Bruce Morrison, a former US Representative, explained how it was immigration that rallied Irish American groups together before the Agreement and that the kind of unity seen then, when organizational differences were pushed aside, needs to be achieved again but people need to care first. 

As a final word, Edmund Lynch, Certified Civil Trial Attorney, NJ Supreme Court, felt is was important to have respect as Americans for those working at continued peace in Northern Ireland, to "respect those in the trenches."

"Secrecy is damaging and the light of truth will have a positive effect, even if in the short term there is controversy.” - Bruce Morrison #20yearsofpeace

— IrishCentral (@IrishCentral) February 22, 2018

“It’s going to take the people of the North to get together and understand that you have to have a foundation of truth and trust before you move forward.” - Sean Pender #20yearsofpeace

— IrishCentral (@IrishCentral) February 22, 2018

“We have to move forward but the people Ireland are not going to be satisfied if we say ‘don't rock the boat.’ They want the truth. It's not necessary that somebody's going to go to prison but knowing who's behind it.” - Edmund Lynch #20yearsofpeace

— IrishCentral (@IrishCentral) February 22, 2018

Panel Discussion: Reflections on the Past to Foster Peace Going Forward

Moderator: Deaglán de Bréadún, Journalist and Author. Panelists: James Cooper, Ulster Unionist Party; Pat Doherty, Sinn Féin; Mark Durkan, Social Democratic and Labour Party; George Mitchell, GBE, Former US Senator and United States Special Envoy for Northern Ireland; Ian Paisley Junior, Member of Parliament for North Antrim and Freeman of the City of London; Nancy Soderberg, Former US Deputy National Security Advisor and Ambassador to the United Nations.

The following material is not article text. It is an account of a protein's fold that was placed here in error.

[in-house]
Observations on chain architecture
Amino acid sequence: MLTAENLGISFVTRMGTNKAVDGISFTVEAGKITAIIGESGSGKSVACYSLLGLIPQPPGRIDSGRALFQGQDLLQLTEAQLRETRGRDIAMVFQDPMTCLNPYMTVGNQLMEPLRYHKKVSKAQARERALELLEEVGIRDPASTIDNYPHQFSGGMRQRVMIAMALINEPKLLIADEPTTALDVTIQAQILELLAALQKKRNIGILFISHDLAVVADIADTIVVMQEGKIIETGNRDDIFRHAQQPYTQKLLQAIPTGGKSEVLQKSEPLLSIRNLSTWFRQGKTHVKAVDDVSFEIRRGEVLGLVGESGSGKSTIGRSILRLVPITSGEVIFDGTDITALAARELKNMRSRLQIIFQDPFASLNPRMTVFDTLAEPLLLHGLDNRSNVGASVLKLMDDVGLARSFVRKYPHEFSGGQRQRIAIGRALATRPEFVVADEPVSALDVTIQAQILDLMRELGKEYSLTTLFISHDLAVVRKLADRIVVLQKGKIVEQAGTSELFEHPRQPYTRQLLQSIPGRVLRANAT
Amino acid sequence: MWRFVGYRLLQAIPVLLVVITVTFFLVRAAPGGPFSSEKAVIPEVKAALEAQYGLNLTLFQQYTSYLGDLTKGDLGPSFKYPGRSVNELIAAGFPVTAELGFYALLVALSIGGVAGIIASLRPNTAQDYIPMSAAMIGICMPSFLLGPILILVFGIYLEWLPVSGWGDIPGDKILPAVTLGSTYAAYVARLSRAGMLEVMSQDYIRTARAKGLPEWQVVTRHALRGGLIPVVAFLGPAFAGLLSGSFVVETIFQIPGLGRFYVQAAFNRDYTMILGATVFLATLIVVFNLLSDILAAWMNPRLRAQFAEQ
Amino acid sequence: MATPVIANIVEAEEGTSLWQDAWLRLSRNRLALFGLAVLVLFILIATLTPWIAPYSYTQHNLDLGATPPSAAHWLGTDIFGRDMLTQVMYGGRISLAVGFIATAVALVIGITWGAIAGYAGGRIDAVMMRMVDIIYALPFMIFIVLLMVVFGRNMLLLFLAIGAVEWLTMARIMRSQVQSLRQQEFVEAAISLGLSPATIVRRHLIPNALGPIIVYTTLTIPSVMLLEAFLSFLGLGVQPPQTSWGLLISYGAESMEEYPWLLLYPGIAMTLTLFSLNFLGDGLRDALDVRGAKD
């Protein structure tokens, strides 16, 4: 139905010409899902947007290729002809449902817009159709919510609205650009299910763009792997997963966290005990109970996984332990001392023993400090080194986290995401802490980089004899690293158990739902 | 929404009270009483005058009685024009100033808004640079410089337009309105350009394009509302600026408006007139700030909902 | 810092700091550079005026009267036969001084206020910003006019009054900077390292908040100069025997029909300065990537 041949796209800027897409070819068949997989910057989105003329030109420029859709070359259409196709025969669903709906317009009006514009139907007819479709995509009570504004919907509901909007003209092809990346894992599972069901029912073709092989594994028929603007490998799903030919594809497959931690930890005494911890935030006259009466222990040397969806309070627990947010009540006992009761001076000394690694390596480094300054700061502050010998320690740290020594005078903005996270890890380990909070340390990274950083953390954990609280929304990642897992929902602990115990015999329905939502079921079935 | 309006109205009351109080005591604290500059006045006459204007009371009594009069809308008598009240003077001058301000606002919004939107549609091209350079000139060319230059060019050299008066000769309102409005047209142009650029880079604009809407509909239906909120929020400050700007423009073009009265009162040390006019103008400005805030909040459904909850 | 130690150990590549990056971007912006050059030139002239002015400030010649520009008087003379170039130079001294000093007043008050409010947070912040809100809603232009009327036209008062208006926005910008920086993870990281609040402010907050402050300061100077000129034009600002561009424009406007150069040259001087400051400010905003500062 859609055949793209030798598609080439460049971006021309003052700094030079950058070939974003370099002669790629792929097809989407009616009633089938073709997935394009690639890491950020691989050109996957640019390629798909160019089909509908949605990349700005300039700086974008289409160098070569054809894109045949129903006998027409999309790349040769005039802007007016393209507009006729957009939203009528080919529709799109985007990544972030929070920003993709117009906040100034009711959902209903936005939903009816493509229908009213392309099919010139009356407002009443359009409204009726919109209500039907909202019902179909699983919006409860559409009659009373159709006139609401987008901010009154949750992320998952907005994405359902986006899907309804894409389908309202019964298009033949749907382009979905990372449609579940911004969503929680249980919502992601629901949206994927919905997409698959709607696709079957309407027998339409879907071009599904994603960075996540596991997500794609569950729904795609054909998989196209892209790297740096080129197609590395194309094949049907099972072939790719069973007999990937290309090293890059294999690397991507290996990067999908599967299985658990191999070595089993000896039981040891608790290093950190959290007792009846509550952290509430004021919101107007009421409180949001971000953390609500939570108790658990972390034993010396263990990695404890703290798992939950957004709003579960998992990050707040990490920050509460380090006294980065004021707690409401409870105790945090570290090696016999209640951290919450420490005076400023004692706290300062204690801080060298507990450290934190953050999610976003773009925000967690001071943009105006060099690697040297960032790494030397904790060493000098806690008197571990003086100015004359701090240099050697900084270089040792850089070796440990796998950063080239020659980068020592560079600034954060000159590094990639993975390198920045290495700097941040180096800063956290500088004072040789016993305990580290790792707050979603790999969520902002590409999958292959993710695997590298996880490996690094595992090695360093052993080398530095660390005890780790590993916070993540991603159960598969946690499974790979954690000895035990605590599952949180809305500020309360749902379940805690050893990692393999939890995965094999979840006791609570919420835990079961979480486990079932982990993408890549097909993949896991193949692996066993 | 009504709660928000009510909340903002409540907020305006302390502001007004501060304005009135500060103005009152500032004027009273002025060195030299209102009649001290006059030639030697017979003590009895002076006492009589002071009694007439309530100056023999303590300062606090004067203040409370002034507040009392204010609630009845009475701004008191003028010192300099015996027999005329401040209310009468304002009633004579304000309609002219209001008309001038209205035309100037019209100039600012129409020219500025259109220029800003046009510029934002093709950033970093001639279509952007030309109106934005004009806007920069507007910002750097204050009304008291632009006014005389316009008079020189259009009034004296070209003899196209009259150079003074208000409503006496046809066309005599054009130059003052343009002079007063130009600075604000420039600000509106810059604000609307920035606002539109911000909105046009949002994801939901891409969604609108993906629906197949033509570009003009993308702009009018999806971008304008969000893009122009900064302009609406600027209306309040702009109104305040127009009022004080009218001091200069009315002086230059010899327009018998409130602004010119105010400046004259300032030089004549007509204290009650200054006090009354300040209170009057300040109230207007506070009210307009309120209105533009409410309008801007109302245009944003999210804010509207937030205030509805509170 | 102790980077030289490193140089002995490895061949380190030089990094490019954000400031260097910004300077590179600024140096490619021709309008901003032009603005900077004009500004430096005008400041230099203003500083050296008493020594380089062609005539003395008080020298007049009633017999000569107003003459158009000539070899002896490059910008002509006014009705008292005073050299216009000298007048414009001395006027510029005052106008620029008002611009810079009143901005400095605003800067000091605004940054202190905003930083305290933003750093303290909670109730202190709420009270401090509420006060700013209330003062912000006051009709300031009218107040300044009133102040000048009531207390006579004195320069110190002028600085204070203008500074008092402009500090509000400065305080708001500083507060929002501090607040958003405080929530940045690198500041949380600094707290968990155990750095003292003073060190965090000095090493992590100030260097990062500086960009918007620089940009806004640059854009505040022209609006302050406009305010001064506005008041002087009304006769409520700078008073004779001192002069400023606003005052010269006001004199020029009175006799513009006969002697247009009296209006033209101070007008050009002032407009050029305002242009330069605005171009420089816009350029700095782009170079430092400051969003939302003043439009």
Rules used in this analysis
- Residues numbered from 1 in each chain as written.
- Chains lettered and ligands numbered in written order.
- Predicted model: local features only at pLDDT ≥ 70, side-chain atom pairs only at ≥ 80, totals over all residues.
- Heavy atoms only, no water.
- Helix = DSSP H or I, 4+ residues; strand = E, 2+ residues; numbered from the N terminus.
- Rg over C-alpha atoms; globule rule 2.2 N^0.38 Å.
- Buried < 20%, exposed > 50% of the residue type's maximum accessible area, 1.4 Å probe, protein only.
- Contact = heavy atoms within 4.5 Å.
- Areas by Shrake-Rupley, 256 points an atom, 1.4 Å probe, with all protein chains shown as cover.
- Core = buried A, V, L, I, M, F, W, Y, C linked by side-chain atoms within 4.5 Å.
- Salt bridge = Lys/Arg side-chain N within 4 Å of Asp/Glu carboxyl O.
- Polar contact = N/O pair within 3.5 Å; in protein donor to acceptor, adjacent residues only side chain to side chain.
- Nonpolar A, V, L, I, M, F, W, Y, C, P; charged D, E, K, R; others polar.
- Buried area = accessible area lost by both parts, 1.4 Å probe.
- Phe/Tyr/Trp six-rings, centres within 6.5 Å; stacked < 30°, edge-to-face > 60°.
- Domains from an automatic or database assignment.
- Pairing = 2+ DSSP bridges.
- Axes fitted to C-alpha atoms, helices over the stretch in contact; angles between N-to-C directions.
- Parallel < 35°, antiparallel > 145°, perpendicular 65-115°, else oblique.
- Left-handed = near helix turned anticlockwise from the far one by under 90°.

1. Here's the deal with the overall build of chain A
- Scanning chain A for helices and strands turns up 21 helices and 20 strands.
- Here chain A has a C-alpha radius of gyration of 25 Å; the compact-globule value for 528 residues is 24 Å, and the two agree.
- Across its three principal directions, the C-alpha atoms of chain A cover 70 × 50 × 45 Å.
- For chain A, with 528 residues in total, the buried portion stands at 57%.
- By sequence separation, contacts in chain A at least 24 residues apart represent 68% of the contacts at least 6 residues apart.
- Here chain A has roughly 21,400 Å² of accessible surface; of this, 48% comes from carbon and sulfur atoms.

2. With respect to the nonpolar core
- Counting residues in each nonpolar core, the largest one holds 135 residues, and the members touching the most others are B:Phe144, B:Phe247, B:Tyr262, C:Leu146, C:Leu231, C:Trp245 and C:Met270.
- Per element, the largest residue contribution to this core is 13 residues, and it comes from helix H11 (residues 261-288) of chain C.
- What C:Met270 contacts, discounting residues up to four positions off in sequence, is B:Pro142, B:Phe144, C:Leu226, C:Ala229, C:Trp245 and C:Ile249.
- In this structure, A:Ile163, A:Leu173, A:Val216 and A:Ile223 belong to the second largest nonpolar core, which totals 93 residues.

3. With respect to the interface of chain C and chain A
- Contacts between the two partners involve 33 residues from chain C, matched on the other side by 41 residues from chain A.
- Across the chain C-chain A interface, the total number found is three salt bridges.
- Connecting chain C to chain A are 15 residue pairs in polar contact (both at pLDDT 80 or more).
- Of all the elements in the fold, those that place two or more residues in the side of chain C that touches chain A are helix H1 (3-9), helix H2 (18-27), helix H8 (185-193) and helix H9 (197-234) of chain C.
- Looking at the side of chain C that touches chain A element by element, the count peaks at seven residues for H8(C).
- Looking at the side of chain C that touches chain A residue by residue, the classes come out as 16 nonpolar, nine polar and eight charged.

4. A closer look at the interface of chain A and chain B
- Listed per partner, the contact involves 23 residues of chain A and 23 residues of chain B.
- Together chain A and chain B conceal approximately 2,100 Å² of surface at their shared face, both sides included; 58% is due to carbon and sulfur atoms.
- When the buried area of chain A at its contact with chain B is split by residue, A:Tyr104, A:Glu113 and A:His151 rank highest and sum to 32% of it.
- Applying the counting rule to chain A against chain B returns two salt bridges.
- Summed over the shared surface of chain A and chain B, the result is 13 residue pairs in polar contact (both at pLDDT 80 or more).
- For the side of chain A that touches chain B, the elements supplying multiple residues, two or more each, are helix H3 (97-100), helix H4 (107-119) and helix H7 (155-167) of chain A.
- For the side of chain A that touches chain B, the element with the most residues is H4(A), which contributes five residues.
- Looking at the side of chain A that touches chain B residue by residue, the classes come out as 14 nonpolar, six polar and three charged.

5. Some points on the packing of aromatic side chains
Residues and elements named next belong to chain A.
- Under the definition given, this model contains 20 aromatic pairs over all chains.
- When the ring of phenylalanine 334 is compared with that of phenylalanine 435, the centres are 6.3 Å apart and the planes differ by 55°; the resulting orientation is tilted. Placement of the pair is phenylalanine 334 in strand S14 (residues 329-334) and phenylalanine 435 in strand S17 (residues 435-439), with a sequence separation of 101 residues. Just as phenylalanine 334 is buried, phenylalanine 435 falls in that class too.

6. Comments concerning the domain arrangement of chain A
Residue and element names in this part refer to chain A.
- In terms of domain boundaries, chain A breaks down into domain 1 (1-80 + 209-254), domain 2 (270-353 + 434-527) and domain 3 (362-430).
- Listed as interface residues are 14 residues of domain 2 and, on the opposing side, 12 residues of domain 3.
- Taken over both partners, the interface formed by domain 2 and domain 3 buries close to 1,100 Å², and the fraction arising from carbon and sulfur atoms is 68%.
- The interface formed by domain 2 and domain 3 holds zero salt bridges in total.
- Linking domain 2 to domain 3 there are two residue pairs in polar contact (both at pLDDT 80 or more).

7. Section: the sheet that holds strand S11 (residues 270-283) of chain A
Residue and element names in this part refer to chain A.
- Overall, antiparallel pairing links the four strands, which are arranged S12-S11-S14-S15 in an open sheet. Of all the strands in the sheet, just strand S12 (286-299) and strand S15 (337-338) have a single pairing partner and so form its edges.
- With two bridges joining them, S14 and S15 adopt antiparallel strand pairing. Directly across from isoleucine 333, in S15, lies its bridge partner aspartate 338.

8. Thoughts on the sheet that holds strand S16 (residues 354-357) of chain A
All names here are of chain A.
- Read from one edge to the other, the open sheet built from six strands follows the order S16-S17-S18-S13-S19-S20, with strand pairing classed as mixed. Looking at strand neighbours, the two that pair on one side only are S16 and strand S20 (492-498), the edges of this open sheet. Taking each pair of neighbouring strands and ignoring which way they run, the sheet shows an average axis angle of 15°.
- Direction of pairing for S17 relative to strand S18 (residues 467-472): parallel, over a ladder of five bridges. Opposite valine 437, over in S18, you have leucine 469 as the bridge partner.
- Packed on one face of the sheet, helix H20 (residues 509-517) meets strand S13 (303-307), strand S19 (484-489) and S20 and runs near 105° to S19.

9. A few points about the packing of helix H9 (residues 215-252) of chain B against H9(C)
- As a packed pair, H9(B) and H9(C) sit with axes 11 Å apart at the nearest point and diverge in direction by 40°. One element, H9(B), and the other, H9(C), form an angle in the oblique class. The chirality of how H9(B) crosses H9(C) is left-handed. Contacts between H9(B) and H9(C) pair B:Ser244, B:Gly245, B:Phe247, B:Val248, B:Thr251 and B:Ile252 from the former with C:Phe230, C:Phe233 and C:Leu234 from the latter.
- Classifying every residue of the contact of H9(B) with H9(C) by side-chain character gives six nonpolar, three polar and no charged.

The final panel discussion of the day heard from representatives from some of Northern Ireland's largest political parties - UUP, Sinn Féin, SDLP, and DUP - as well as Senator George Mitchell and Nancy Soderberg, former US Deputy National Security Advisor. The spoke about the path to peace up until 2018 and what lessons can be taken from that as Northern Ireland struggles to restore its devolved parliament in the midst of Brexit talks. 

It was the UK's departure from the EU and its effects on Northern Ireland, in particular, that drew some disagreement from the panelists but all reiterated how important it was to remember and reflect on what has been achieved in terms of peace and reconciliation so far, despite the now year-long stalemate. 

Ian Paisley Jnr commented on his daughter coming to him to ask about the Troubles for a history project, noting how the "bloody and difficult politics" he grew up in had now been transformed to simple "difficult politics," the same kind of politics that even the likes of Germany face. 

"Peace in NI has been embedded now for over 20 years," added James Cooper. He bemoaned, however, what he felt was the lack of middle politics in the North now, something he believes has been done away with because of the design of the Agreement. He feels, in fact, that we've returned lately to the politics of before the agreement despite the lack of violence.